The Massachusetts GOP has been lame for years. Maybe they'll sieze this opportunity. Maybe they won't.
posted at 07:56 AM by Glenn Reynolds
NORM COLEMAN IS PRONOUNCED THE WINNER IN MINNESOTA: That's what the New York Times says in a 7:05 alert on its front page.
This is bad news for Terry McAuliffe. He's likely to be out of a job soon, which paradoxically is probably bad news for the Republicans.
UPDATE: CNN has called it for Coleman too now. I think it was the tasteless rally that made the difference.
posted at 07:16 AM by Glenn Reynolds
INSTA-PUNDITRY: Sheesh, the Weekly Standard already has four articles up on its site analyzing the election. I just couldn't stay up until the end last night, after spending the previous evening at Children's Hospital.
I almost felt embarrassed by being one-upped this way, but then I remembered: they get paid for doing this. You know, with real money and everything!
UPDATE: Andrew Sullivan, who routinely keeps later hours than me anyway, has a lot of good points. I especially like the observation that Howell Raines is a mole for Karl Rove. He might as well be.
ANOTHER UPDATE: And Stephen Green has loads of interesting observations.
posted at 07:12 AM by Glenn Reynolds
LILEKS NEEDS A MAID: Go to his site and hit the tipjar.
posted at 07:09 AM by Glenn Reynolds
AS I SAID, a good night for the Republicans. And I suspect that it's Bush's campaign swing that made most of the difference. Even some of the winning Republicans seemed surprised, though, at the difference between the vote and their final tracking polls. I think that indicates -- as with the VNS debacle -- that polls are becoming increasingly unreliable for a variety of reasons.
I think it's a good thing that polls are becoming unreliable. Maybe as that becomes clear, politicians will stop paying so much attention to them in between elections.
UPDATE: Okay, it's finished at 45% of the vote. I noticed that CNN was covering the failure of the medical-marijuana referendum in Arizona, but didn't mention this one at all.
Call me crazy, but I think that a 45% vote to abolish the freakin' income tax -- and in Massachussetts of all places -- is a bigger deal.
posted at 11:24 PM by Glenn Reynolds
FOX IS CALLING IT FOR EHRLICH IN MARYLAND. Amazing that Townsend's anti-gun theme fell so flat, in Maryland of all places.
posted at 11:22 PM by Glenn Reynolds
A THOUGHT: The Republicans are doing a lot better than people expected a couple of weeks ago, and a lot better than parties usually do in midterms when they control the Presidency. Bush has been campaigning like hell the last couple of weeks.
This was a big gamble for him -- if he had stayed in the Rose Garden, they probably wouldn't have done nearly as well, but his spinmeisters could have used history to deflect a lot of the criticism. But once he went out to campaign, it was a gamble: if Jeb Bush had lost, and if the GOP had gotten creamed in some of these other races, he'd look much weaker as a result, and the war effort might have been in danger, leaving him likely to be a one-termer.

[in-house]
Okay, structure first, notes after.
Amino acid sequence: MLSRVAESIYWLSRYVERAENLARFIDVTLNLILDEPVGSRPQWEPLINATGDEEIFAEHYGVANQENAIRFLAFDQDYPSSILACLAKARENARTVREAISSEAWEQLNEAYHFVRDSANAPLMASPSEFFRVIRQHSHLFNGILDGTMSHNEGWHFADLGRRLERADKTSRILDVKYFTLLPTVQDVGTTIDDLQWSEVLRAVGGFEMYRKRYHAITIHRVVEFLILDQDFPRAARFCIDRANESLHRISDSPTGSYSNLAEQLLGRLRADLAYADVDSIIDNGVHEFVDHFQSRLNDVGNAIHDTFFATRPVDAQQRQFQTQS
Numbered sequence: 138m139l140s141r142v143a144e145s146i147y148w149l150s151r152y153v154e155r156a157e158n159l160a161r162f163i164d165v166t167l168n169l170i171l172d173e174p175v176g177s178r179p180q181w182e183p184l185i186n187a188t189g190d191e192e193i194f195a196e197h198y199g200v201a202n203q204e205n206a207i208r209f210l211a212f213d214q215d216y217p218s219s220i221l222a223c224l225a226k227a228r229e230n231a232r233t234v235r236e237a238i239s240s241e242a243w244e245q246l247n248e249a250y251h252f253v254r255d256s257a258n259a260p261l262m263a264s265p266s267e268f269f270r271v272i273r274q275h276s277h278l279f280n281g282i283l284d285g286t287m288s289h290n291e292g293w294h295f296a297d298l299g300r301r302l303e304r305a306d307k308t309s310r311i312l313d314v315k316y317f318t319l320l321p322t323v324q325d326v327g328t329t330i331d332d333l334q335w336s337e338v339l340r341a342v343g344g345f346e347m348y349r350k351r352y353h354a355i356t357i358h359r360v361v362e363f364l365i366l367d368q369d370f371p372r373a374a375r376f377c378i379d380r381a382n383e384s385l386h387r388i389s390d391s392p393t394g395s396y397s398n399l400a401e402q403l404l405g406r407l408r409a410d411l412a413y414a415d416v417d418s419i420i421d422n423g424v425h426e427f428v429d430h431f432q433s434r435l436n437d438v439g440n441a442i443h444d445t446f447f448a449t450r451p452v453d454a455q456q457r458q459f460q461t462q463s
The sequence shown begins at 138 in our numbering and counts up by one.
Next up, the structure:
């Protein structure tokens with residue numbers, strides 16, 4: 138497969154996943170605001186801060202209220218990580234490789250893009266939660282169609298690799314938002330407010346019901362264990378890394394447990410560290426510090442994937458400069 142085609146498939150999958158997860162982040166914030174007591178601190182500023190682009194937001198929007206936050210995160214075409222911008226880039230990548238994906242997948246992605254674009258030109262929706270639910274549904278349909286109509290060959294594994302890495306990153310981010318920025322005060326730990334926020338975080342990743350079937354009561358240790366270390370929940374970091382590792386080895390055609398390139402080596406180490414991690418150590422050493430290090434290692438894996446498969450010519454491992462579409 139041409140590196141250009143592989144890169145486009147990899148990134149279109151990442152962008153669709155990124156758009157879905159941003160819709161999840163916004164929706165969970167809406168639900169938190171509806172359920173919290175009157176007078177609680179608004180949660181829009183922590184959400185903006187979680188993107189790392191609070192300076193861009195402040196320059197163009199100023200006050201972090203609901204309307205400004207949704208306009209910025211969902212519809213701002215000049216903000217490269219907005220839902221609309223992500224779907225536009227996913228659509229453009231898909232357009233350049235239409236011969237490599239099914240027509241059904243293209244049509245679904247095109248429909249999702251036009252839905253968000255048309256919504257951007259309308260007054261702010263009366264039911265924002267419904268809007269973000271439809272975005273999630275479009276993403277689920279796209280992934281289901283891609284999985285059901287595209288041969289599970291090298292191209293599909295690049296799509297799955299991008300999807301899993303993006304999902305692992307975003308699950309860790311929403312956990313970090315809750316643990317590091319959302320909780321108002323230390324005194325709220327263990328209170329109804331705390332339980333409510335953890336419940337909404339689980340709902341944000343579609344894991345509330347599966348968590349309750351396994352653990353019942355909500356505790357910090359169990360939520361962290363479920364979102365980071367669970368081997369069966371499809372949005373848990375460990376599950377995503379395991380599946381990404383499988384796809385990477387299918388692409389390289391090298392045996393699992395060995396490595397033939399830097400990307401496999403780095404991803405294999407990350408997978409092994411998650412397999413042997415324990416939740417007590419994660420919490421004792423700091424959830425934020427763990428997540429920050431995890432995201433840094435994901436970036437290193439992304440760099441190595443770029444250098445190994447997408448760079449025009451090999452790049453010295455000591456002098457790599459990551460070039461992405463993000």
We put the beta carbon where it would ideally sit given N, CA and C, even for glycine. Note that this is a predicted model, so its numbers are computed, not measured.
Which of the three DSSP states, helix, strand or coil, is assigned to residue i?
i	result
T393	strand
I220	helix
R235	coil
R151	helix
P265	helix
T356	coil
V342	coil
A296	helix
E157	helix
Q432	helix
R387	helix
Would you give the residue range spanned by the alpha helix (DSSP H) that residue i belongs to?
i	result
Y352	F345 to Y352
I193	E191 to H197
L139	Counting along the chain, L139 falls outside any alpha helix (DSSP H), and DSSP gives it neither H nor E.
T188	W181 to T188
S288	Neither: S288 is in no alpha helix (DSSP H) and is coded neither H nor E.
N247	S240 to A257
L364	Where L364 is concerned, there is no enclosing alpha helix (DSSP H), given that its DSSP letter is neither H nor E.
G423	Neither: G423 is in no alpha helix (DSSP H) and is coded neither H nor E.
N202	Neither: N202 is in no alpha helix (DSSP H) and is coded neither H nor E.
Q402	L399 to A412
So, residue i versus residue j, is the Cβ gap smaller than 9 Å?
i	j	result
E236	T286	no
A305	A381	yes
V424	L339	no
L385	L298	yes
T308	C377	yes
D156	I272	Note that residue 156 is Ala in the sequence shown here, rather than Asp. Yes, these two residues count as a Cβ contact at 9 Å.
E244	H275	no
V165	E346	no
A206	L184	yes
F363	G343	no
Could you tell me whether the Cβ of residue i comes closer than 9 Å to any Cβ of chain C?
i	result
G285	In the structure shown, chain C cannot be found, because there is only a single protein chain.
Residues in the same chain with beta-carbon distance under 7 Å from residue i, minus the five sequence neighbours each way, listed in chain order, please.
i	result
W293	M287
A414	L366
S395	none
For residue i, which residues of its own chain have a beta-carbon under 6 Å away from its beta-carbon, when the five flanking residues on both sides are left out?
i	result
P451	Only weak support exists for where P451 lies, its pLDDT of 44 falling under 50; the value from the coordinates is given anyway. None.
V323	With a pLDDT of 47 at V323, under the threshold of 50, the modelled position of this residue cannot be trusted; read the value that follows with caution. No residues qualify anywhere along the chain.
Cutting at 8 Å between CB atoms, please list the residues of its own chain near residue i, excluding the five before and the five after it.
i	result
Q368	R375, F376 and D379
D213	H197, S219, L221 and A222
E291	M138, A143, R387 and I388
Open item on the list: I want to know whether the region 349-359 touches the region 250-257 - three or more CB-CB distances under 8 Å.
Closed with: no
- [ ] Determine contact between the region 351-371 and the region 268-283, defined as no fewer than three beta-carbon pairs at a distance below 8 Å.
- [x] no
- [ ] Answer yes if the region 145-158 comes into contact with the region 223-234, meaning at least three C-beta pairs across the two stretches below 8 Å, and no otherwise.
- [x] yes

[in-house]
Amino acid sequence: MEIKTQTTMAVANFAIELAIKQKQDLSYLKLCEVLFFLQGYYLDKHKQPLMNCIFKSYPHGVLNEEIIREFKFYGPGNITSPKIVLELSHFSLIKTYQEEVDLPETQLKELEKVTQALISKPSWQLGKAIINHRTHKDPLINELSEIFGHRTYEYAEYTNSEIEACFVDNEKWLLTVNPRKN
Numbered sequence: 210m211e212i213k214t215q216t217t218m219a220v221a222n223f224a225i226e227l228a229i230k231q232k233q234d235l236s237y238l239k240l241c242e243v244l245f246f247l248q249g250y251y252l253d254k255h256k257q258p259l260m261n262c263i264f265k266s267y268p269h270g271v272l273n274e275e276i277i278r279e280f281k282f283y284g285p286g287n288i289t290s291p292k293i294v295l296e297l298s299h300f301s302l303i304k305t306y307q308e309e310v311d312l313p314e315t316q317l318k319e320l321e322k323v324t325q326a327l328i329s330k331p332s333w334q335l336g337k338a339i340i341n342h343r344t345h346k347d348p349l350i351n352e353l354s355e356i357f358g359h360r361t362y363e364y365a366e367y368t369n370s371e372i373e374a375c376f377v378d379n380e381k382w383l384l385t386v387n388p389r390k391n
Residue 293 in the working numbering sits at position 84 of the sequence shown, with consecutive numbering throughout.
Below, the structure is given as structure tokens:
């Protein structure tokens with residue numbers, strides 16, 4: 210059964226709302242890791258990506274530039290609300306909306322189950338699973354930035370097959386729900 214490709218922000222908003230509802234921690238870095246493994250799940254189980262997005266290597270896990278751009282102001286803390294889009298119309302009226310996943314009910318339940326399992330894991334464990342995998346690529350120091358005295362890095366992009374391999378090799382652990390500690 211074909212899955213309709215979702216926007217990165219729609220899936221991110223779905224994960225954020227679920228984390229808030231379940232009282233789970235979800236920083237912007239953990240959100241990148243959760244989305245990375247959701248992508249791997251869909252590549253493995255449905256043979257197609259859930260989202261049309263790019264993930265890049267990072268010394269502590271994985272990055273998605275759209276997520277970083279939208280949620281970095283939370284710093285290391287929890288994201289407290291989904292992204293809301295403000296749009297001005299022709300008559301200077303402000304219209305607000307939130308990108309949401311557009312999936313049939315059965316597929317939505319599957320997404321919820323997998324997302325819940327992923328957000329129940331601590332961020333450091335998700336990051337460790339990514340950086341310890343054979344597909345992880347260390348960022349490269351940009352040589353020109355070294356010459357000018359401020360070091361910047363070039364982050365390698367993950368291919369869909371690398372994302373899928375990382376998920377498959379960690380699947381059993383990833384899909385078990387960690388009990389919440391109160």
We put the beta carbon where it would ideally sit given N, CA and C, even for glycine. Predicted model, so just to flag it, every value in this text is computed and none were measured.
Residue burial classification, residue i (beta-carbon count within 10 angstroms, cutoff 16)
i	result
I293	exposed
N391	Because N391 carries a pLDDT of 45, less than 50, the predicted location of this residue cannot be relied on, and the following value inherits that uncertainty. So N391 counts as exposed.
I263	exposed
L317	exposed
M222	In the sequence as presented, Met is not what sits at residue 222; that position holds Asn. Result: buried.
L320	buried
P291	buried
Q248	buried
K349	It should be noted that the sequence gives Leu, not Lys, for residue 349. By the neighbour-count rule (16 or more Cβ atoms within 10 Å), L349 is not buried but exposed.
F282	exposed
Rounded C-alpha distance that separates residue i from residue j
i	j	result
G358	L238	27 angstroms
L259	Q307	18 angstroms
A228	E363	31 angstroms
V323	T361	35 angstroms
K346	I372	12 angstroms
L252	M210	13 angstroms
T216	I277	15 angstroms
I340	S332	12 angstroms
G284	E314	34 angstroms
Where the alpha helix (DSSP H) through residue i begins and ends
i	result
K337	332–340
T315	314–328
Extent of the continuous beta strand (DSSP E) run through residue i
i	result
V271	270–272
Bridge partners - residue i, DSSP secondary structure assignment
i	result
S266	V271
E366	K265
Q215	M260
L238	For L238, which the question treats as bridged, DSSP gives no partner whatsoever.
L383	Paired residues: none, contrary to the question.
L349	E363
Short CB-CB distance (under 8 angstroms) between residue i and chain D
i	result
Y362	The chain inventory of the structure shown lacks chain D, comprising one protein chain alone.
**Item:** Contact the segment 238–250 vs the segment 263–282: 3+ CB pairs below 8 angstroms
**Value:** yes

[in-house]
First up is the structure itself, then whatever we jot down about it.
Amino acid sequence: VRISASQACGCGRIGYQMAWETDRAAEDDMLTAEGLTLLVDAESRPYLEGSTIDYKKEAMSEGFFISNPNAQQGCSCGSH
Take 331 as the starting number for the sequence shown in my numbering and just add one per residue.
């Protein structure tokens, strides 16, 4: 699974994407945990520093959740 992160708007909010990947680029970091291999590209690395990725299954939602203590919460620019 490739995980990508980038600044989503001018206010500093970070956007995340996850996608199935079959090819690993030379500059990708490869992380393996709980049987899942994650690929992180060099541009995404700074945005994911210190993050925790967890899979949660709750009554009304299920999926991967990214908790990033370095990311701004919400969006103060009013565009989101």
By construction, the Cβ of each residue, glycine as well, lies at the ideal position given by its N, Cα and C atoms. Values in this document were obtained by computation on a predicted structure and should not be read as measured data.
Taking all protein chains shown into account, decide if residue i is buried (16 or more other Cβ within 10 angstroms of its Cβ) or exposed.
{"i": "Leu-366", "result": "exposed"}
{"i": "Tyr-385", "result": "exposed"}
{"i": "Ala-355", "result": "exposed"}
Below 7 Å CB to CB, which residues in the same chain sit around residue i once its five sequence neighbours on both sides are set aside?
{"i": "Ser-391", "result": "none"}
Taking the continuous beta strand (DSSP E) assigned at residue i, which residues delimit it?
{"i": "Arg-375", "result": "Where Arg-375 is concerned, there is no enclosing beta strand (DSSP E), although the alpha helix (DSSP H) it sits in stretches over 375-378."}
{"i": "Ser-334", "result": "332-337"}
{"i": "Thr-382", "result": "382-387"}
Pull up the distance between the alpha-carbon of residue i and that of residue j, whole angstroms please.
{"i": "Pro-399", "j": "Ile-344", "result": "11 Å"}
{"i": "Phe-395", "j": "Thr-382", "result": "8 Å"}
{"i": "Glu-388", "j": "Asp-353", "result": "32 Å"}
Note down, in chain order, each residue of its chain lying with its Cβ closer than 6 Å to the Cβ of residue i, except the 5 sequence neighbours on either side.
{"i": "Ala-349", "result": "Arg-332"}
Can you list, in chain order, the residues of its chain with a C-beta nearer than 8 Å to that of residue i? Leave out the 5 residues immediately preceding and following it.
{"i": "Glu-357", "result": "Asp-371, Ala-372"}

But he took the risk, and though at this hour it's not clear how big the victory is, he's clearly won a victory.
Do you think he'll pursue a similarly audacious strategy on the war?
IN MARYLAND, Ehrlich is currently leading over Kathleen Kennedy Townsend, 51-48 with 82% of the vote in.
UPDATE: Now it's 52-47 with 93% of the vote in. They're not calling it yet, but it's looking good for Ehrlich.
posted at 10:37 PM by Glenn Reynolds
WITH 39% OF THE VOTE IN, Massachussetts' initiative to abolish the state income tax is at a stunning 47% -- this could be the sleeper story of the night. I still doubt it will pass, but this kind of support in "Taxachussetts" bodes ill for people like Garry Wills and Sean Wilentz who maintain that America's appetite for big government is unslaked.
UPDATE: The percentage is holding steady with 43% of the vote in.
ANOTHER UPDATE: Reader Roger Bournival sends this link to NECN which is updating the results more often. And with 47% of the vote in , the percentage of support is the same.
Jay Fitzgerald is blogging through the night on the Massachussetts returns.
ONE MORE UPDATE: 68% of the vote's in, and it's still at 47% support. This is amazing.
The U.S. State Department praised the Pakistani elections as "an important milestone in the ongoing transition to democracy." One of the Bush administration's ranking national security officials confided privately, "better to have the crazies in than out of government."
But the reality is, that to call Pakistan an ally in the war against terrorism has become an oxymoron. Rehman and his cohort Sami ul-Haq were the tutors to most of Taliban's top leadership. Two years ago, Omar and bin Laden delivered joint commencement addresses at the University for the Education of Truth -- one of Pakistan's principal Islamic seminaries or madrasas -- in the township of Akora Khattak near the border city of Peshawar. Then, Pakistani and Afghan mujahedin or holy warriors came and went as they pleased across the porous frontier.
Now Taliban cadres are free again to come and go without fear of arrest. Because the Oct. 10 elections also gave control of the regional governments of two of Pakistan's four provinces -- Northwest Frontier Province and Baluchistan -- to those who guard the friends of the prophet. The entire length of the Pak-Afghan frontier is now once again the dominion of anti-American religious extremists. . . .